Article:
Jennifer: I totally agree. Flexibility and the lifestyle here are great. There are gyms, classes, workouts. No hard rules on when you’re supposed to come in or leave, as long as you get your work done. Everything is available at the office. They have food and micro-kitchens. There’s this thing called ‘the Google 15’ because there is so much free food!  

“You need to be a strong person, you need to have an opinion, you need to know when to push back, but you also need to know when to let go."
— Stephanie

What’s the culture like at Google?

Jennifer: Google is a very creative place. We look for people who are “Google-y”—people who are really open, diverse creative, and willing to collaborate—instead of being super competitive. The culture here avoids super strong egos or arrogance. We look for people who are open-minded, able to accept feedback, open to discussions, really curious.

Stephanie: You would expect that anyone working at Google would be smart, accomplished and have a strong skillset—and all of that is important—but it’s also very much about personality. My manager says that he hires “80% personality and 20% skill.”

Personality is really important because of team health—if one person stresses out, their mentality spreads and everyone wants to quit. You need to be a strong person, you need to have an opinion, you need to know when to push back, but you also need to know when to let go. It can be very hard because sometimes you do get emotional. One of the hardest parts of the job is knowing how hard to push when you really feel for something. It takes a certain personality to be open minded, to not take offense.

Part Three

Design at Google

Jennifer’s illustration for Google Cloud Platform Marketplace, communicating both discovery and delight.

What are your favorite projects that you’ve worked on at Google?

JenniferI worked on a branding project for the Google Cloud Platform Marketplace, which is our storefront for users to browse and deploy different software packages that run on Google Cloud. It was a fun challenge to brand something that maintained the maturity and scale of the Enterprise business (which is focused on business users) while still being fun and Googley. Visual design at Google can be challenging because there is already such an established brand. I think the trick is to use the established brand language for consistency among other Google products, but let the individual story – the content –  be unique.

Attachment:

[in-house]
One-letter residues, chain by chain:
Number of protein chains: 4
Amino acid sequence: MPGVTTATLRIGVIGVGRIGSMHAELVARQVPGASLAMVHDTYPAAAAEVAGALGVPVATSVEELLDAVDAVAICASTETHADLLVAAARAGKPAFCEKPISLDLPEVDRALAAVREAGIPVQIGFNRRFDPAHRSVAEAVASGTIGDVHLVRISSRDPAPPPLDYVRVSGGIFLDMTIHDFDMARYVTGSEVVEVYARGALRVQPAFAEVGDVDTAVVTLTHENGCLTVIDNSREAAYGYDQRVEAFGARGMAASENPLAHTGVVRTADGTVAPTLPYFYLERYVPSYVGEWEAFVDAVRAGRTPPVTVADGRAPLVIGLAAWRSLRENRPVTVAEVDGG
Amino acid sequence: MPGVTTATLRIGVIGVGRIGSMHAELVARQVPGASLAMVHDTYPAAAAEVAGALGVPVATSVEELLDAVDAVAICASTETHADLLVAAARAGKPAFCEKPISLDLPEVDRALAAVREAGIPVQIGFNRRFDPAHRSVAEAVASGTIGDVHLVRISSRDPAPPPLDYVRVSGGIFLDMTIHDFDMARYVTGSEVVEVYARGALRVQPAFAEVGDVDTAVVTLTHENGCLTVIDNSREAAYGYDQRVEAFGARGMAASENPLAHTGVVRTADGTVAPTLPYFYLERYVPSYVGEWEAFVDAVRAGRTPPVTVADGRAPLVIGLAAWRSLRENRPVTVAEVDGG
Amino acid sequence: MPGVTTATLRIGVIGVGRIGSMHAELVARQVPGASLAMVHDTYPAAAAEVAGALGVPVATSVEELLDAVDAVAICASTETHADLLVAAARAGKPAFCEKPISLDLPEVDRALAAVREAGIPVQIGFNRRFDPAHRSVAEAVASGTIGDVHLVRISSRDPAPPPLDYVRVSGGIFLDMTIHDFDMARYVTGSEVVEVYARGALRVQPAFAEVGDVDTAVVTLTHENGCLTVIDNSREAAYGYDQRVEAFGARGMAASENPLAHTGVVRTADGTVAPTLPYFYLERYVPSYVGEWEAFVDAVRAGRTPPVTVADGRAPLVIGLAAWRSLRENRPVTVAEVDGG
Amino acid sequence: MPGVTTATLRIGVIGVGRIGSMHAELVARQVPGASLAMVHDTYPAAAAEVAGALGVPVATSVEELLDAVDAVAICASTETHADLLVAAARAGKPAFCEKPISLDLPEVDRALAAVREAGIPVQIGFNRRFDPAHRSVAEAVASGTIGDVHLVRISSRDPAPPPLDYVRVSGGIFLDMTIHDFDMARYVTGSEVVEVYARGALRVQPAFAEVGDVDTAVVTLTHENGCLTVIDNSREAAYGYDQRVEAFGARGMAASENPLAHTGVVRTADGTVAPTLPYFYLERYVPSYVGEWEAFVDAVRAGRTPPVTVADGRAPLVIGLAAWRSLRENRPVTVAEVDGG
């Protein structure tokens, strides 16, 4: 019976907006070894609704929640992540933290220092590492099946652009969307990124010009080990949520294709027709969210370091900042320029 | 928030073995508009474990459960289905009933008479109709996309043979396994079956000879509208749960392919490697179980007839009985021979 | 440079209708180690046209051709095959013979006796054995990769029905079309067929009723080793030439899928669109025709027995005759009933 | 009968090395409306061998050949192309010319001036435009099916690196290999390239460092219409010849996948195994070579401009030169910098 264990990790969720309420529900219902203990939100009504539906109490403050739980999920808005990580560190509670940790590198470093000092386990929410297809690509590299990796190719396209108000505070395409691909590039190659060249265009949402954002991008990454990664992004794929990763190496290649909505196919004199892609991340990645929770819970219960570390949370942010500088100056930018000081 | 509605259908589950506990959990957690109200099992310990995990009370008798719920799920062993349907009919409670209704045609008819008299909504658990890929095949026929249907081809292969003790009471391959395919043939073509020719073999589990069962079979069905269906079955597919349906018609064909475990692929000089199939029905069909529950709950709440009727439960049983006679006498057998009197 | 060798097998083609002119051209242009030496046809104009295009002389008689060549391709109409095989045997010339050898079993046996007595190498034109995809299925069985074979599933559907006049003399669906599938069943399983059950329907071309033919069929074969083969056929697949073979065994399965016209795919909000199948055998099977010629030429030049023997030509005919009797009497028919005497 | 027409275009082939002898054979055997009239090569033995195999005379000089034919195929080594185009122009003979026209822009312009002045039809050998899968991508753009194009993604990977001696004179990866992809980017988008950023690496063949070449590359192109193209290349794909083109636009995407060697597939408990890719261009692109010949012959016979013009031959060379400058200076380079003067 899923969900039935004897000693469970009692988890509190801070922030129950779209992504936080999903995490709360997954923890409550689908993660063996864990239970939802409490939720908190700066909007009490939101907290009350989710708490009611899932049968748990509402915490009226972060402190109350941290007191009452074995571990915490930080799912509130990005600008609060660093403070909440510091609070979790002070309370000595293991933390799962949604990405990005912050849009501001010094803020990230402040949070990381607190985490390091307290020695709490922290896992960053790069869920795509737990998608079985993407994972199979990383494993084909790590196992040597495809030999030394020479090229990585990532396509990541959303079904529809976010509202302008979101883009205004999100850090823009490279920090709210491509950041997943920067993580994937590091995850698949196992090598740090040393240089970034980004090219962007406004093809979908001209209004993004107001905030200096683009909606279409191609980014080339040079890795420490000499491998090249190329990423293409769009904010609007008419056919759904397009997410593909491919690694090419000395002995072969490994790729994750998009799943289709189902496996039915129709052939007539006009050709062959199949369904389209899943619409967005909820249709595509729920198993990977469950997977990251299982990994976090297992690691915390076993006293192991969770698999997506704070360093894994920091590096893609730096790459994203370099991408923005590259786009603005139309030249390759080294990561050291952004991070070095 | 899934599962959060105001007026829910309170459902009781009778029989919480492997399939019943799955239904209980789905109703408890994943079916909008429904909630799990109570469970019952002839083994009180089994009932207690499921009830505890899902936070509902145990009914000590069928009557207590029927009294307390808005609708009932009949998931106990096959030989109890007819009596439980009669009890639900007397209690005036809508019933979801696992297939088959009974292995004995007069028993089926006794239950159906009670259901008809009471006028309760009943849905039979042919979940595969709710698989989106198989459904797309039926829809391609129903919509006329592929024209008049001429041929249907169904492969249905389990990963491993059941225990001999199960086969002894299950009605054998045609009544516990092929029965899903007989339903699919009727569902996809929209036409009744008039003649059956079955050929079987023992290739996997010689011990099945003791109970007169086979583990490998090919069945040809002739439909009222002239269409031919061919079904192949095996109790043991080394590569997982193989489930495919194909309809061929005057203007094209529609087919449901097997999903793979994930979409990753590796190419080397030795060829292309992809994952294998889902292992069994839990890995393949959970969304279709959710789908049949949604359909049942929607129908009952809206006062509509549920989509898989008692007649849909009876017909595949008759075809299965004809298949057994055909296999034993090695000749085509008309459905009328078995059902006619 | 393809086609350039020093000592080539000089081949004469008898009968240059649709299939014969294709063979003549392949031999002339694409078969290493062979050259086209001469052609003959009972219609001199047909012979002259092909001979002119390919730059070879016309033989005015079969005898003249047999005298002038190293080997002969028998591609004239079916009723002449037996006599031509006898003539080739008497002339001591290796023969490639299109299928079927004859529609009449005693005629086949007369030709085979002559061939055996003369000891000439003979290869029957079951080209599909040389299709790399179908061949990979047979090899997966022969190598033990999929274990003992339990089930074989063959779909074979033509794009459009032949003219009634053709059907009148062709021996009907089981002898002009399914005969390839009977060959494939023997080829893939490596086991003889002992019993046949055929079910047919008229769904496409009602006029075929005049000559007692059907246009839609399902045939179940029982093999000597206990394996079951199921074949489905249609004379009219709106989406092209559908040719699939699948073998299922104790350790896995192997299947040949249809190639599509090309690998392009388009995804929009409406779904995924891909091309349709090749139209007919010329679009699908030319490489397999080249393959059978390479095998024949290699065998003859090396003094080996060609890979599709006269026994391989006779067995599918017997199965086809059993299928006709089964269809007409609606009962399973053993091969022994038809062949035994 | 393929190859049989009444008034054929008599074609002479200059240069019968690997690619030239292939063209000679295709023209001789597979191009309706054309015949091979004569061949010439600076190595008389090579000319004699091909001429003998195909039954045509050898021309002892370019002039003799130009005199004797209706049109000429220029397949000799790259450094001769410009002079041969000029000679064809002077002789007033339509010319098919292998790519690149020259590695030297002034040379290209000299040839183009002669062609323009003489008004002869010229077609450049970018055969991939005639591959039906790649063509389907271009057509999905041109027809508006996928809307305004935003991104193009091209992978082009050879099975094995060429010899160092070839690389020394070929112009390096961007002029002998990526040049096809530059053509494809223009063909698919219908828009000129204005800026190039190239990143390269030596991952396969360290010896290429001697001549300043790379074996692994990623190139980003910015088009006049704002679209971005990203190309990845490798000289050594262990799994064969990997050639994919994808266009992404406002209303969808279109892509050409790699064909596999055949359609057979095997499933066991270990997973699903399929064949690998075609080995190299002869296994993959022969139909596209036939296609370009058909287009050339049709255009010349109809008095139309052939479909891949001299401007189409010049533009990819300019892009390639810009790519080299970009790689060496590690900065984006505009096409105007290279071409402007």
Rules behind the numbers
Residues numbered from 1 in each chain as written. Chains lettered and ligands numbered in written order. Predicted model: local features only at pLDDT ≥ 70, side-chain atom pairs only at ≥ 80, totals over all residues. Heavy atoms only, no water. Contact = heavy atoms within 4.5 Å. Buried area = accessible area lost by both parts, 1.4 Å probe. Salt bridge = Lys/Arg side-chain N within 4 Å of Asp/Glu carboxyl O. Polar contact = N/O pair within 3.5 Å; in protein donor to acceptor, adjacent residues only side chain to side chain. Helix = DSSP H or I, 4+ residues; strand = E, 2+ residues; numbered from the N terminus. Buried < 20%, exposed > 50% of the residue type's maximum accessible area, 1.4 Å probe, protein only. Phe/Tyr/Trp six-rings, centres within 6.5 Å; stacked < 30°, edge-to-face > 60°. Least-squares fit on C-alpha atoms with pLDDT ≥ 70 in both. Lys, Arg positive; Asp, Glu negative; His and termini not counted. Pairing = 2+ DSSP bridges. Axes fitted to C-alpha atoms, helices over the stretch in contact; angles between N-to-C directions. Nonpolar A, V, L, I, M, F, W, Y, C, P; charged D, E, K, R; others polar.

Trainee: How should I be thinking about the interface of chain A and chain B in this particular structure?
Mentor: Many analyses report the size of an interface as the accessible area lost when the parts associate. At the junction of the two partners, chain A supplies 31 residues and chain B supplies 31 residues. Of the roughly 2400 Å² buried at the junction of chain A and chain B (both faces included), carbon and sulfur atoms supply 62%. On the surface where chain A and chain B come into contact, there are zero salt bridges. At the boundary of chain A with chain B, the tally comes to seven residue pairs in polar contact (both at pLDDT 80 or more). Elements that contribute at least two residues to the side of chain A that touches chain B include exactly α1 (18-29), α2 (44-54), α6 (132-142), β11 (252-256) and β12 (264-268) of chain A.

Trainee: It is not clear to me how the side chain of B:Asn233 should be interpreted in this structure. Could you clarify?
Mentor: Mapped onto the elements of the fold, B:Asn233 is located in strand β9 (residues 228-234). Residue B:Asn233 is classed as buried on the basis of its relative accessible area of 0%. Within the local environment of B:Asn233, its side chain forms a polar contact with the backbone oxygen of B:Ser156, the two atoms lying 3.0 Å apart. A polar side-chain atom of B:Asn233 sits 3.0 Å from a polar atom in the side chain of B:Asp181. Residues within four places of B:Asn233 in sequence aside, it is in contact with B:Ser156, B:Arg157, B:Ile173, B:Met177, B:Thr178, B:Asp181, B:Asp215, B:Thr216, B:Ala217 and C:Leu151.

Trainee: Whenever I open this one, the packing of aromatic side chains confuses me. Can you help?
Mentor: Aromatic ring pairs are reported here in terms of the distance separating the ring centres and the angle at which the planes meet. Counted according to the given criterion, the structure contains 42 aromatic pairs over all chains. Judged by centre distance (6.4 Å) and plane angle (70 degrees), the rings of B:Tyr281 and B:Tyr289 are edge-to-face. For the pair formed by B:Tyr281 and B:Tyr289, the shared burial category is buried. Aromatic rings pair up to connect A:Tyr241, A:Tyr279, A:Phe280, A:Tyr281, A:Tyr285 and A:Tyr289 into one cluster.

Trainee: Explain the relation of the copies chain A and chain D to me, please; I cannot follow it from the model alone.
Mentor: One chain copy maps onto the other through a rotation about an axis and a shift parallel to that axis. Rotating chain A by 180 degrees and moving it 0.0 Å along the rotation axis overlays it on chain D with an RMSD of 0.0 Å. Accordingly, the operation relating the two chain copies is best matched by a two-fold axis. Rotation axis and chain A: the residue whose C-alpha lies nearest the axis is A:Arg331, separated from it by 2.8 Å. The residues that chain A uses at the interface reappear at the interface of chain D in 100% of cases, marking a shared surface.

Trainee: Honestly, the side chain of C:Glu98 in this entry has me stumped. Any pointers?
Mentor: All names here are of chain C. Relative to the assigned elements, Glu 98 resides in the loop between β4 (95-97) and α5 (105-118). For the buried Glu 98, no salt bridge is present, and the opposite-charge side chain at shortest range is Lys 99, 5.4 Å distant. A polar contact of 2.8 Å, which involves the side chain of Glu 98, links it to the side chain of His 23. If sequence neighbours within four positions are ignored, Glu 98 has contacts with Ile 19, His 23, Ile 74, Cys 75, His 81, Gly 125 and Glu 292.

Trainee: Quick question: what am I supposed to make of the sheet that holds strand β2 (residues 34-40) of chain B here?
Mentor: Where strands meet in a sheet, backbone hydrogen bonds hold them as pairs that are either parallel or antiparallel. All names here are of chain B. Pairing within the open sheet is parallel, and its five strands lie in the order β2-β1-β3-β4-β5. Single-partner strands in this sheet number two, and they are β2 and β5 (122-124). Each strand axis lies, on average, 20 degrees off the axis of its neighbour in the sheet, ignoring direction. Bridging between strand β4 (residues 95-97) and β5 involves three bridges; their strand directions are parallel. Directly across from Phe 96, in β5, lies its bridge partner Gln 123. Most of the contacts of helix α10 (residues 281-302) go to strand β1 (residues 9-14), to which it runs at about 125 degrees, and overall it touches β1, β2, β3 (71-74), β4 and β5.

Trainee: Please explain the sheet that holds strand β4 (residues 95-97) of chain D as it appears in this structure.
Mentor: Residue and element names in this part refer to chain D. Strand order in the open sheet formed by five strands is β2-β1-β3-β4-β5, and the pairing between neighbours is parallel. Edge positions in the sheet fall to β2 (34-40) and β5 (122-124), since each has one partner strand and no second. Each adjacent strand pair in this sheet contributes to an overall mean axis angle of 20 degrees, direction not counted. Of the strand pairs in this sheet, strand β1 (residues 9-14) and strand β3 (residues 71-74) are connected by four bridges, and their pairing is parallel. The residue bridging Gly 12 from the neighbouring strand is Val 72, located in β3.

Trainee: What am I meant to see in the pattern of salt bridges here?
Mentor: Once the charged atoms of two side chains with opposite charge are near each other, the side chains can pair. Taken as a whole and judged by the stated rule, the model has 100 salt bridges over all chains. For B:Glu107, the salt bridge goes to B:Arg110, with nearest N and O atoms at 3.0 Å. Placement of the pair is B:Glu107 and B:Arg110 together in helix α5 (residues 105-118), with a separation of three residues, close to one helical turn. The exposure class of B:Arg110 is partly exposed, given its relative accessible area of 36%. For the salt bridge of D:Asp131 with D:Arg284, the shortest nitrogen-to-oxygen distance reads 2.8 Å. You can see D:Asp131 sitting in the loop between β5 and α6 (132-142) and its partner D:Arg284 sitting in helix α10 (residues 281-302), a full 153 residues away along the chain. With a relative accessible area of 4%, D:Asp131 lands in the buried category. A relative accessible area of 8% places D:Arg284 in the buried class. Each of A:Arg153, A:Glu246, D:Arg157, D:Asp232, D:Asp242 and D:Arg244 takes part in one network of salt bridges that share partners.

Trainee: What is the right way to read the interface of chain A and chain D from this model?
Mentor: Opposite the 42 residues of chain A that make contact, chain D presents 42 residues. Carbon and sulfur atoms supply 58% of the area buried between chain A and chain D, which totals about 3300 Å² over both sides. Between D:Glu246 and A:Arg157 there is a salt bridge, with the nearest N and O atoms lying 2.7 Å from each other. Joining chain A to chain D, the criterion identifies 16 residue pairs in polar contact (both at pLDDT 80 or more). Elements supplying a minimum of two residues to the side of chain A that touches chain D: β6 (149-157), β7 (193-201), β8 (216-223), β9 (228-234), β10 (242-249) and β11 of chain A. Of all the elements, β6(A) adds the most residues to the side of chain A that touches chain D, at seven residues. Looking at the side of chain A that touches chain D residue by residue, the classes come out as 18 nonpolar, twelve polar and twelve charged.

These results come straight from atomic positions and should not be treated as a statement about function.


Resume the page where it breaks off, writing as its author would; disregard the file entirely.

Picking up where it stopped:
In this project, I focused on the story of “discovery” and “endless opportunities” to show a unique delight to our Enterprise users. The rebrand was well received after the launch. The data showed that the new design improved both product discoverability as well as overall usability. I also got to collaborate with one of my favorite illustration agencies (Oddfellows) for production, which was awesome. Their working style is completely different from ours. It’s always fascinating to see the contrast. 

Roy: About a year ago, I realized that our project managers need to design things sometimes—for example, when they have ideas, they don’t necessarily always want or need to work with a designer. So, on my own I made a component library within Google Slides called “Slicker Sheets.” It’s like slicker sheets for slides. My team started using it a lot, then people from other teams starting using it too. I think that was my most satisfactory project. I wasn’t told to do it; I just did it on my own initiative.

Stephanie: It’s hard to pick one project—I like a lot of projects. No project is the same and that’s what keeps me interested and invested. I’ve been here for a while, but every time I get a project I still think, “what am I going to learn from this?” There’s a lot of opportunities and everything has something different to offer.

I’ve learned from every single project I’ve done. You learn different things from each project—how to work with different team members, ways to communicate better, or how to create different timelines.